Plotting Technique in a Dynamic World – MIT Sloan

8September 2020

1. For example, see G. Albort-Morant, A.L. Leal-Rodríguez, V. Fernández-Rodríguez, et al., “Evaluating the Origins, Advancement, and Prospects of the Literature on Dynamic Capabilities: A Bibliometric Analysis,” European Research on Management and Organization Economics 24, no. 1 (January-April 2018): 42-52.

2. M. Reeves, K. Whitaker, and T. Deegan, “Combating the Gravity of Typical Efficiency,” MIT Sloan Management Review, Jan. 9, 2020,

3. F. Becker, “Organizational Ecology and Knowledge Networks,” California Management Review 49, no. 2 (winter season 2007): 42-61.

4. R. Ramírez, R. Österman, and D. Grönquist, “Scenarios and Early Warnings as Dynamic Capabilities to Frame Supervisory Attention,” Technological Forecasting and Social Modification 80, no. 4 (May 2013): 825-838; and A. Dong, M. Garbuio, and D. Lovallo, “Generative Sensing: A Style Viewpoint on the Microfoundations of Picking Up Capabilities,” California Management Evaluation 58, no. 4 (summer season 2016): 97-117.

5. T. Griffith, “Reimagining Movement: A CEO’s Guide,” McKinsey Quarterly, Feb. 25, 2019,; see also “Progressive Insurance: Quick Experimentation and Low Risk With Hadoop,” Tableau, accessed Might 28, 2020,

6. The Samsung case is compiled from numerous news short articles and other sources. Considerable sources include D. Rocks and M. Ihlwan, “Samsung Design,” BusinessWeek, Dec. 6, 2004, 88-96; Y. Yoo and K. Kim, “How Samsung Ended Up Being a Design Powerhouse,” Harvard Business Review 93, no. 9 (September 2015): 73-78; and J. Tune, K. Lee, and T. Khanna, “Dynamic Capabilities at Samsung: Optimizing Internal Co-opetition,” California Management Review 58, no. 4 (summer season 2016): 118-140.

7. M.Y. Lee and A.C. Edmondson, “Self-Managing Organizations: Exploring the Limitations of Less-Hierarchical Organizing,” Research in Organizational Behavior 37 (January 2017): 35-58.

8. E. Danneels and A. Vestal, “Normalizing vs. Evaluating: Drawing the Lessons From Failure to Boost Company Innovativeness,” Journal of Organization Venturing 35, no. 1 (January 2020): 1-18.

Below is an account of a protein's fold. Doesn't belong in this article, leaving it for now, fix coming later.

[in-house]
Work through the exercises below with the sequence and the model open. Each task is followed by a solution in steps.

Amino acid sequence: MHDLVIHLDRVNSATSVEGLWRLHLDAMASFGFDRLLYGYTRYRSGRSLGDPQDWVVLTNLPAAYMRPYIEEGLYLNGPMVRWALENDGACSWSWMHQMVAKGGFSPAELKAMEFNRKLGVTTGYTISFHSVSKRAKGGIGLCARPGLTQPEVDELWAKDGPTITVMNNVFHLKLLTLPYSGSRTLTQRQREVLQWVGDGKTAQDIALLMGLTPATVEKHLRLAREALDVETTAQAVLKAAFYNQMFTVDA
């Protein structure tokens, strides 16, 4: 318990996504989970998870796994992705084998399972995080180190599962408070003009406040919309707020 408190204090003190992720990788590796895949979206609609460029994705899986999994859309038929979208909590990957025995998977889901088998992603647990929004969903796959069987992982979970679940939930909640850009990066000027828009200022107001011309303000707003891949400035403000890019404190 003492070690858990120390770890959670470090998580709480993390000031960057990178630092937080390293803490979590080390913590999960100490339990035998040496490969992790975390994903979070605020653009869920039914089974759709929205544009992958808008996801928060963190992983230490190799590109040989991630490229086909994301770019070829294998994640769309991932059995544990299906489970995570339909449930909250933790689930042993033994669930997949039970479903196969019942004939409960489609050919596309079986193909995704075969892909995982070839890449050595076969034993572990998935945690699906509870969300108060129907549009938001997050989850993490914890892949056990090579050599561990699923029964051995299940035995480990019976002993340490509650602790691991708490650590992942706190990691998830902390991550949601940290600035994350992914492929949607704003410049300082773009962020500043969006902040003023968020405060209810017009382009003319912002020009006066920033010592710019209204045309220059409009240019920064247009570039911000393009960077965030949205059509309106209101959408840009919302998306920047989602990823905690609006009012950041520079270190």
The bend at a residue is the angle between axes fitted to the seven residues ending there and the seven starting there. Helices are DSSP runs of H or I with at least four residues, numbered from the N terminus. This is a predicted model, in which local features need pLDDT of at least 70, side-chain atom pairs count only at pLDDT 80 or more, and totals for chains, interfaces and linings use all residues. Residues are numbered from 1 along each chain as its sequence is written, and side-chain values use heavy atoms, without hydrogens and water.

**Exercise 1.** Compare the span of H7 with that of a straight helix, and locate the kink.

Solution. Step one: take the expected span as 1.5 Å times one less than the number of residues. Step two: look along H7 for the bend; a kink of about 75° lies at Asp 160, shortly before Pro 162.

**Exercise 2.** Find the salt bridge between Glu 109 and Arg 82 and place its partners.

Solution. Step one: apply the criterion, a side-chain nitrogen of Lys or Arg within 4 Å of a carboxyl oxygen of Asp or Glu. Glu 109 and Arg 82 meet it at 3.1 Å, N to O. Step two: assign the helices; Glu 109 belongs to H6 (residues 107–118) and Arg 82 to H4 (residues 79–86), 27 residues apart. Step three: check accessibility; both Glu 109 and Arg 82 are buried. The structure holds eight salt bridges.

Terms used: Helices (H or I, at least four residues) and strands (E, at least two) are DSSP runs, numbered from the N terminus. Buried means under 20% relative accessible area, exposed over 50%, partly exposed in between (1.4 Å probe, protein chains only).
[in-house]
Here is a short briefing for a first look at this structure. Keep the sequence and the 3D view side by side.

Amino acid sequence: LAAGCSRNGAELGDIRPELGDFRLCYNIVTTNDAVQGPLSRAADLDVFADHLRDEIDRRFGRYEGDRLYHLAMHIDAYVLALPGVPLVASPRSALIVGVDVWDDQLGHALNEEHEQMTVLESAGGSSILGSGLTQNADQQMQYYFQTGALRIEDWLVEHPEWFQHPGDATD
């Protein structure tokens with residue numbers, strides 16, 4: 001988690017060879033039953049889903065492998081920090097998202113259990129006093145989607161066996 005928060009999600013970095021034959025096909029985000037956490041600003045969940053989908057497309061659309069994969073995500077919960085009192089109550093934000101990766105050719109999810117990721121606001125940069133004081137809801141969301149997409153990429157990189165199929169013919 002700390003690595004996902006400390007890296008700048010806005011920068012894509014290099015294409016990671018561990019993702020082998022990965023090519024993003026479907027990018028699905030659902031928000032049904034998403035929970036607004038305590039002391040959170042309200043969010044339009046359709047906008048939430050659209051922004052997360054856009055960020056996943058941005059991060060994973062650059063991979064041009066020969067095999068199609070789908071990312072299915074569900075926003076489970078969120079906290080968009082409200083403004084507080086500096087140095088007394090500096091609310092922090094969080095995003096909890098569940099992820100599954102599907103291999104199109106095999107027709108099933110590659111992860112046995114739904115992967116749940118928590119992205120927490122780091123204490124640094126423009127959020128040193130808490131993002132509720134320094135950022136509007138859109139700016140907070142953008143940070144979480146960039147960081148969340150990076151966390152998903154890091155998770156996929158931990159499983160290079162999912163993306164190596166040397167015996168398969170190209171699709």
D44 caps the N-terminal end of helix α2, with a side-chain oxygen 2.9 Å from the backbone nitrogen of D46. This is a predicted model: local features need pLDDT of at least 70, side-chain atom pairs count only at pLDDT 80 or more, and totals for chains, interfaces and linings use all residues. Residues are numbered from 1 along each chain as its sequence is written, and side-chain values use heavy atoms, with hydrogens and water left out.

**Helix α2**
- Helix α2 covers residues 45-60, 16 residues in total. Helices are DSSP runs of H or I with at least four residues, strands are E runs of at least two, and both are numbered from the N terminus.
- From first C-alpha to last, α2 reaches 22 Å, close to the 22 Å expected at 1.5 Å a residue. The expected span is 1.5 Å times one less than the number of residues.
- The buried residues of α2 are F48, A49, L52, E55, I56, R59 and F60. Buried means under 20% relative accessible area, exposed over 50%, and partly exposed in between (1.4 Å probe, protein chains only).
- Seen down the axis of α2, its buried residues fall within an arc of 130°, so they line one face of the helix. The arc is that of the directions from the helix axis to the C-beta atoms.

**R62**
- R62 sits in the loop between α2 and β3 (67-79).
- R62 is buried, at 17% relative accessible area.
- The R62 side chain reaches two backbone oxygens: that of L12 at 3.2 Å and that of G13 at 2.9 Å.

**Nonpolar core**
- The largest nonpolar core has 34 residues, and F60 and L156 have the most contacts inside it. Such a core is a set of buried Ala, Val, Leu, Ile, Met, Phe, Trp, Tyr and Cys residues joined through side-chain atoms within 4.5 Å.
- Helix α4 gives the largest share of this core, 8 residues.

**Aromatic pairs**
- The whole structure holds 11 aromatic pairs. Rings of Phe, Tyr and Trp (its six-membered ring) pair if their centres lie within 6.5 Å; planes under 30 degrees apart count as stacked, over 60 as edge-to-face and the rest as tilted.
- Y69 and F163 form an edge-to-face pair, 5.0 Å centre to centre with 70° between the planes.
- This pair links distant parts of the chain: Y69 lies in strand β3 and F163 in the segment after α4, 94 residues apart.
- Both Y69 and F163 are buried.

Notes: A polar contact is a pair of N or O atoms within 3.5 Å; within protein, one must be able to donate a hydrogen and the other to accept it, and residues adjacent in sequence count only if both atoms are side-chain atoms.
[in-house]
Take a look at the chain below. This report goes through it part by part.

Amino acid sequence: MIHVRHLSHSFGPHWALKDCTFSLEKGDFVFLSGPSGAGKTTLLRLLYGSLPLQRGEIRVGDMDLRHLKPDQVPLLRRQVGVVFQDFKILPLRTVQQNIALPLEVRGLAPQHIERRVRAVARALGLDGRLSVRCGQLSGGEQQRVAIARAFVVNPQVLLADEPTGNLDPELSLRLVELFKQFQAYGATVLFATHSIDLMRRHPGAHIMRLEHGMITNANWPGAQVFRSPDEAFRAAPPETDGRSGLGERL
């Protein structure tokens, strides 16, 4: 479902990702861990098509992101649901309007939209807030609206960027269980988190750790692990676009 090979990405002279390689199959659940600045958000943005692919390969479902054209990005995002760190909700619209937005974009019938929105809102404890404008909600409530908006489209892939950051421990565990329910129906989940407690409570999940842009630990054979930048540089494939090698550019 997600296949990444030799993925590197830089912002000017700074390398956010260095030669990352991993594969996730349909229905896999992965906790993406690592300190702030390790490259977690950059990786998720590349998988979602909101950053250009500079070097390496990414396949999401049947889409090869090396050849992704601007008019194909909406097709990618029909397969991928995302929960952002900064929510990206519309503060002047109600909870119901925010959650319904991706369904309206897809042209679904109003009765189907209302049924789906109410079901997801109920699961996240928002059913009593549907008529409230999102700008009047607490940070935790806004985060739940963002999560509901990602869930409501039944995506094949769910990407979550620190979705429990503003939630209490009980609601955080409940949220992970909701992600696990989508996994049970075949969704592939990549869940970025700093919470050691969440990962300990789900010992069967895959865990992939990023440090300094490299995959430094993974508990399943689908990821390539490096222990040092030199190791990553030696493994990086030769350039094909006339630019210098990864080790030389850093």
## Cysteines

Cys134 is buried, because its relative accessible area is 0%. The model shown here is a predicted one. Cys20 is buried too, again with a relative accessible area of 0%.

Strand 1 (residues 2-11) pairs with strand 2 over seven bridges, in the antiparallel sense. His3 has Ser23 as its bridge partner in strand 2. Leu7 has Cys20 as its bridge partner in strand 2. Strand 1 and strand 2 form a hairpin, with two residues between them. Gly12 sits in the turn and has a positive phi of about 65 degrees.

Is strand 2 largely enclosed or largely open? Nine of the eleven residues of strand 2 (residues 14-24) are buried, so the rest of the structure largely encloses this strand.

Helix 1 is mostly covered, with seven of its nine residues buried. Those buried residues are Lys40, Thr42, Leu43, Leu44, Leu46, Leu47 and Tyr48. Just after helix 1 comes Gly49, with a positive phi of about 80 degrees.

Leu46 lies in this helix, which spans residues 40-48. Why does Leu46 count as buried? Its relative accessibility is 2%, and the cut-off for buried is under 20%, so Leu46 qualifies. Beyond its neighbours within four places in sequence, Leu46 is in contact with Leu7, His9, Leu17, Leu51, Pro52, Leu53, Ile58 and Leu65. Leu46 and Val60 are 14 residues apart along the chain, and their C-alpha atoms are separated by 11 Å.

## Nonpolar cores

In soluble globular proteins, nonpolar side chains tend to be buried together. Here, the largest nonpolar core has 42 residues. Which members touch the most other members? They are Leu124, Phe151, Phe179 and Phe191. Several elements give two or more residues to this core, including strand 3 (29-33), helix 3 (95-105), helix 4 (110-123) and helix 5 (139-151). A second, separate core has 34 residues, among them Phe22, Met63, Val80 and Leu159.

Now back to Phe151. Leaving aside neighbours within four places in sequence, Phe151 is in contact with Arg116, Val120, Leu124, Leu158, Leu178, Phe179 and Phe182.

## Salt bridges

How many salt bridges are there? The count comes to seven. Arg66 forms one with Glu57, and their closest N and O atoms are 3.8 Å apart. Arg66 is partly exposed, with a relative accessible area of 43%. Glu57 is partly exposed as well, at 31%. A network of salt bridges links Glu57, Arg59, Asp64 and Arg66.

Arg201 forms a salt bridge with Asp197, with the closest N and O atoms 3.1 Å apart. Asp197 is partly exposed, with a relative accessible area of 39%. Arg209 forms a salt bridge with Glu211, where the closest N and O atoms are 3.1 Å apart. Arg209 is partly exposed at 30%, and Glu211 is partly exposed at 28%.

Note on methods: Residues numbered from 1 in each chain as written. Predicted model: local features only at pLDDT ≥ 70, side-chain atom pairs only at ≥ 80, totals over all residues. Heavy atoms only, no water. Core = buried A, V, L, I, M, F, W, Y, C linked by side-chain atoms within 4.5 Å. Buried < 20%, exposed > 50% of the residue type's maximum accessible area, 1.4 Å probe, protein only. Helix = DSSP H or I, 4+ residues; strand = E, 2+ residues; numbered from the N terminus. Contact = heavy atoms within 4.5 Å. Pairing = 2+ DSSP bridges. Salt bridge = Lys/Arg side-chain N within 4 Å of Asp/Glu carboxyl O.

9. C.J. Nemeth, “Handling Development: When Less Is More,” California Management Evaluation 40, no. 1 (fall 1997): 59-74.

10. The essential concept is the bottleneck possession– any input that is limited and costly (or difficult) to duplicate. See, for example, D.J. Teece, “Making Money From Innovation in the Digital Economy: Enabling Technologies, Standards, and Licensing Models in the Wireless World,” Research Policy 47, no. 8 (October 2018): 1367-1387. A competitively provided input may nonetheless deserve producing internal if its evolution needs to be carefully collaborated with that of other inputs. See J.M. de Figueiredo and D.J. Teece, “Mitigating Procurement Hazards in the Context of Innovation,” Industrial and Corporate Change 5, no. 2 (June 1996): 537-559.

11. For an analysis of the dimensions of business identity, and the stress that can arise between them, see J.M.T. Balmer and S.A. Greyser, “Managing the Numerous Identities of the Corporation,” California Management Review 44, no. 3 (spring 2002): 72-86. For a literature evaluation of the triggers of identity modification, see R. Abratt and M. Mingione, “Business Identity, Strategy, and Change,” Journal of Brand Name Management 24, no. 2 (January 2017): 129-139.

12. W.C. Taylor, “The Leader of the Future,” Fast Company, June 1999, 130-138.

13. This involves the timeless exercise of “double-loop knowing that faces the standard assumptions behind concepts or present views which openly evaluates hypotheses,” as described on p. 34 in C. Argyris, “Management, Knowing, and Changing the Status Quo,” Organizational Characteristics 4, no. 3 (winter season 1976): 29-43.


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